Is the dye in the Chicago River really green?

On Saturday morning, an hour or so before Chicago's annual St. Patrick's Day parade, members of Chicago's Journeymen Plumbers Union added about 40 pounds of dye to the Chicago River, temporarily transforming a stretch of the waterway into a vivid green.

By , Blogger for The Christian Science Monitor

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    Chicago Journeymen Plumbers dye the Chicago River green to celebrate the start of St. Patrick's Day celebrations in Chicago, March 14, 2009.
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On Saturday morning, an hour or so before Chicago's annual St. Patrick's Day parade, members of Chicago's Journeymen Plumbers Union added about 40 pounds of dye to the Chicago River, temporarily transforming a stretch of the waterway into a vivid green.

Ironically, the dye itself is orange. But once it mixes with the water, it becomes a bright emerald. "This spectacular transformation," notes theĀ  parade committee's website, "ranks right up there with the parting of the sea by Moses and the Pyramids of Egypt."

(If you've ever wondered what the word "blarney" means, now you know.)

Recommended: Baseball fans: Take a quick tour of all 30 major league ballparks

According to parade organizers, the tradition of dyeing the river dates to 1961, when Stephen Bailey, a business manager for the plumber's union, was visited by a plumber whose coveralls were stained green. The stains, it turned out, came from a special dye used to detect leaks. That year, the city had begun enforcing pollution controls, and the plumber was using the dye to locate the source of illegal waste disposal in the river.

But Mr. Bailey saw a different use for the dye. The following year, with the consent of city officials, the union dumped 100 pounds of a disodium salt called fluorescein into the river. It worked a little too well, turning the water was green for a week. Eventually they hit upon an amount that would turn the river green for just one day.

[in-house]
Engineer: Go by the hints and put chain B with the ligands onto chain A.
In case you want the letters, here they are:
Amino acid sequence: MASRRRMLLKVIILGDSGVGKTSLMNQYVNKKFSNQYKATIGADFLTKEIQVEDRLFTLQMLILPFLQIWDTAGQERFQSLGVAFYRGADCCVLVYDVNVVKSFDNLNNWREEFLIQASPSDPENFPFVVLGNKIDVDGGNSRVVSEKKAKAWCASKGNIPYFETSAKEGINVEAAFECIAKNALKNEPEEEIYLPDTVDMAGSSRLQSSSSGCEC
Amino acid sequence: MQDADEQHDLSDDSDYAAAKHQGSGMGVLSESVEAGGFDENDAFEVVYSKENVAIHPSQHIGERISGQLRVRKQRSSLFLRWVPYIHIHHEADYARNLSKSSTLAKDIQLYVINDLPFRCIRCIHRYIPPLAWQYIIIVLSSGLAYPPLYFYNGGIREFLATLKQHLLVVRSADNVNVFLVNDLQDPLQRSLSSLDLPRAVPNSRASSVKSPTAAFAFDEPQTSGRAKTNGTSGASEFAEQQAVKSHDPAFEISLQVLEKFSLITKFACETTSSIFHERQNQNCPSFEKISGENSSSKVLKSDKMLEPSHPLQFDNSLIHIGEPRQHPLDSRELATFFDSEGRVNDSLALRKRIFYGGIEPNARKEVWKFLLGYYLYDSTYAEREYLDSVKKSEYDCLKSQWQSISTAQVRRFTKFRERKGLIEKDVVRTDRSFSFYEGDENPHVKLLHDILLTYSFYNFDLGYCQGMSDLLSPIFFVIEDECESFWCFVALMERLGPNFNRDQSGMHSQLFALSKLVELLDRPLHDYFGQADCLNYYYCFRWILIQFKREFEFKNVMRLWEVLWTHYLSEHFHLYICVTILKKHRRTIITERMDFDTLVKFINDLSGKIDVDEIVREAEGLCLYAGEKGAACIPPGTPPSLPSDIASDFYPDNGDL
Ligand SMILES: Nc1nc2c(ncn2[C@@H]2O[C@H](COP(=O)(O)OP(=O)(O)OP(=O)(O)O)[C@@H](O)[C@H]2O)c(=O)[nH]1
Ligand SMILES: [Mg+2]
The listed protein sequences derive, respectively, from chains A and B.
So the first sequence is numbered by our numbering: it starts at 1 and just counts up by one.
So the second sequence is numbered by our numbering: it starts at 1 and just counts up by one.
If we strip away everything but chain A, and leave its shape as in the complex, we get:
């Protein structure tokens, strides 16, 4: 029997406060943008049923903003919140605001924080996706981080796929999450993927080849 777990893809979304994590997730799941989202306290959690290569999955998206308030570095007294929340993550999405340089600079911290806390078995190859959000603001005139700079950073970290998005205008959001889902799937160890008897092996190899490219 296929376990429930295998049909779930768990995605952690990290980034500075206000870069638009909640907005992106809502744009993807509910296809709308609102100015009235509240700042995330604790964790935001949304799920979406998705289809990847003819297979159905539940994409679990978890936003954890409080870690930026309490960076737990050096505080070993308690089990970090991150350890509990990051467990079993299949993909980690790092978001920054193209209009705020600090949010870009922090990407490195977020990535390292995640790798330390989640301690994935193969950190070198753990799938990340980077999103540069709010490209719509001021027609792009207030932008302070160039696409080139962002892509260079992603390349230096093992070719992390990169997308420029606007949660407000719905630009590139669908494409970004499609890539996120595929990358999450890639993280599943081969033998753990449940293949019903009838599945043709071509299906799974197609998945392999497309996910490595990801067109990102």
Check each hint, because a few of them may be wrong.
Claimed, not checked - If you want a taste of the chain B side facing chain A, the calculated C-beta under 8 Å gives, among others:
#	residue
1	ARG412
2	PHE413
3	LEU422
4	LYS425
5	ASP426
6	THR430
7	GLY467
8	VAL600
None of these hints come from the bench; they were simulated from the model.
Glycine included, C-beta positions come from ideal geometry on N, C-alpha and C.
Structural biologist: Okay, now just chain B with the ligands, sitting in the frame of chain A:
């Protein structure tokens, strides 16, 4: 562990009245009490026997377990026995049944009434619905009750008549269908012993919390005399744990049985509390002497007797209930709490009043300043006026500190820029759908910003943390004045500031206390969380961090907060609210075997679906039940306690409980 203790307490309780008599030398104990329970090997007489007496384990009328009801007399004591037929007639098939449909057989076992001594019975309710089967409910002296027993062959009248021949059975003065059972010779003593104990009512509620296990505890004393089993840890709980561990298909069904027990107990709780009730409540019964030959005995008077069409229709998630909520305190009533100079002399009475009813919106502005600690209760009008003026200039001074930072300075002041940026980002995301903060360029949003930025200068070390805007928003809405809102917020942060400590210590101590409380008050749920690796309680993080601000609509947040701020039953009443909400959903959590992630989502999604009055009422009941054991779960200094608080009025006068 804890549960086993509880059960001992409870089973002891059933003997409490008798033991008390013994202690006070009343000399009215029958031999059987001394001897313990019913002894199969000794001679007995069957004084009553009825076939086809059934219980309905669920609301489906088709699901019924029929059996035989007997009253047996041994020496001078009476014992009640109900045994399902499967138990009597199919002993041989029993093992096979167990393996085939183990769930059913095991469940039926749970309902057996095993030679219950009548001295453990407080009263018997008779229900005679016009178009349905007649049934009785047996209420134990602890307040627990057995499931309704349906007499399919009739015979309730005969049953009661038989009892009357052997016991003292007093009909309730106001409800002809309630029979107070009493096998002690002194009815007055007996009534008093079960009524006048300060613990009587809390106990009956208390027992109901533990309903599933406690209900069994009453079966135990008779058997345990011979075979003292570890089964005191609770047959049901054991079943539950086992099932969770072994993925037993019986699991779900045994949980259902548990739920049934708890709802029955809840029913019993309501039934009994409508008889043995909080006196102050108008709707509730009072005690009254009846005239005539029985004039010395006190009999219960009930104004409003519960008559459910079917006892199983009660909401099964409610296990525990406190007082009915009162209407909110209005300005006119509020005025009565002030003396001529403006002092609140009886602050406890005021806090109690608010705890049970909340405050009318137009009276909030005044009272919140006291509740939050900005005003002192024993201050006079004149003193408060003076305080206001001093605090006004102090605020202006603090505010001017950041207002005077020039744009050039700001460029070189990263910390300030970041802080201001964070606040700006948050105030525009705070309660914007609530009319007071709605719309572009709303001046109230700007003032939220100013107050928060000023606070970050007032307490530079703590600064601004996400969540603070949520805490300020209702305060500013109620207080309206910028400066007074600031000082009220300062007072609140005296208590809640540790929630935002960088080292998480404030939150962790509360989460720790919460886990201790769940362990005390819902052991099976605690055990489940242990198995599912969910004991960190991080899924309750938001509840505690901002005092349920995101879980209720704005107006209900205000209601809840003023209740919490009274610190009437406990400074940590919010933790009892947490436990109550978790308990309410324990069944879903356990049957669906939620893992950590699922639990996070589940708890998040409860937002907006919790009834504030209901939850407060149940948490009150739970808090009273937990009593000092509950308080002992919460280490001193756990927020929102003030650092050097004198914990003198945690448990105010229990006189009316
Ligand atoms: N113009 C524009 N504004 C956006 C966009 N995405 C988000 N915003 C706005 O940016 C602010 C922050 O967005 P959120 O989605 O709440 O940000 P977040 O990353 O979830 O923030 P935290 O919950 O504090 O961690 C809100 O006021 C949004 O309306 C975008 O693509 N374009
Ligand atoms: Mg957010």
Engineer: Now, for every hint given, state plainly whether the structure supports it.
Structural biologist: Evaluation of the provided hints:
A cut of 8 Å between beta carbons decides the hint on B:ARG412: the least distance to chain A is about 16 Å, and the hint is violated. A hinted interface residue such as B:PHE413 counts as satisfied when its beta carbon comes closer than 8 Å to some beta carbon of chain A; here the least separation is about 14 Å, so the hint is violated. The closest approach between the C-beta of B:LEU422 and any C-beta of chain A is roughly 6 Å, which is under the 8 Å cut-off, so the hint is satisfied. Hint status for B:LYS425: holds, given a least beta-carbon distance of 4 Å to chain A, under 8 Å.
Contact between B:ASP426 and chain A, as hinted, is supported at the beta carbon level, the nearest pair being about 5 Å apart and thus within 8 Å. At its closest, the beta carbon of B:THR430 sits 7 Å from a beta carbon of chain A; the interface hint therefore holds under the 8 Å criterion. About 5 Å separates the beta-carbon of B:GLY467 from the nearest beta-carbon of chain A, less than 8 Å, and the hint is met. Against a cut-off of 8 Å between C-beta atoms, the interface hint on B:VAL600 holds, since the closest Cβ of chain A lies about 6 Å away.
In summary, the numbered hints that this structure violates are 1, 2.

But fluorescein can be toxic, and environmentalists, concerned about the welfare of the river's goldfish, lobbied to have the dye replaced with something more eco-friendly. They succeeded in 1966, and the parade committee agreed to switch to what they say is a vegetable-based dye.

But the dye's exact ingredients are a closely guarded secret. The parade committee compares the formula to that of Coca-Cola. In a 2003 interview with the Columbia Chronicle, a student newspaper, a parade organizer compared revealing the dye's composition to "telling where the leprechaun hides its gold."

Even though they won't say what's in the dye, the parade committee insists that it's nontoxic, and claim that "the formula has been thoroughly tested by independent chemists and has been proven safe for the environment."

But environmental regulators in other cities have rejected plans to dye their rivers for the Irish holiday. In 2005, environmental regulators in Broward County, Fla. rejected plans to dye Fort Lauderdale's New River. And this year officials with Michigan's Department of Environmental Quality nixed plans for a dye job for the Saginaw River.

That said, 40 pounds of dye is a proverbial drop in the bucket compared to all the other stuff that's in the Chicago River. The Illinois Department of Public Health advises against dining too frequently on certain fish caught in the river because of concerns of mercury and polychlorinated biphenyls, a type of industrial chemical that the EPA has labeled a probable human carcinogen.

It seems that Bailey, who originated the idea of dyeing the river almost a half century ago, had a sense, albeit an exaggerated one, of ecological interconnectedness. A site sponsored by parade organizers quotes Bailey:

"The Chicago River will dye the Illinois, which will dye the Mississippi, which will dye the Gulf of Mexico, which will send green dye up the gulf stream across the North Atlantic into the Irish Sea, a sea of green surrounding the land will appear as a greeting to all Irishmen of the Emerald Isle from the men of Erin in Chicago land, USA."

Incidentally, what leprechauns hide their gold in is known as a crock.

Recommended: Baseball fans: Take a quick tour of all 30 major league ballparks
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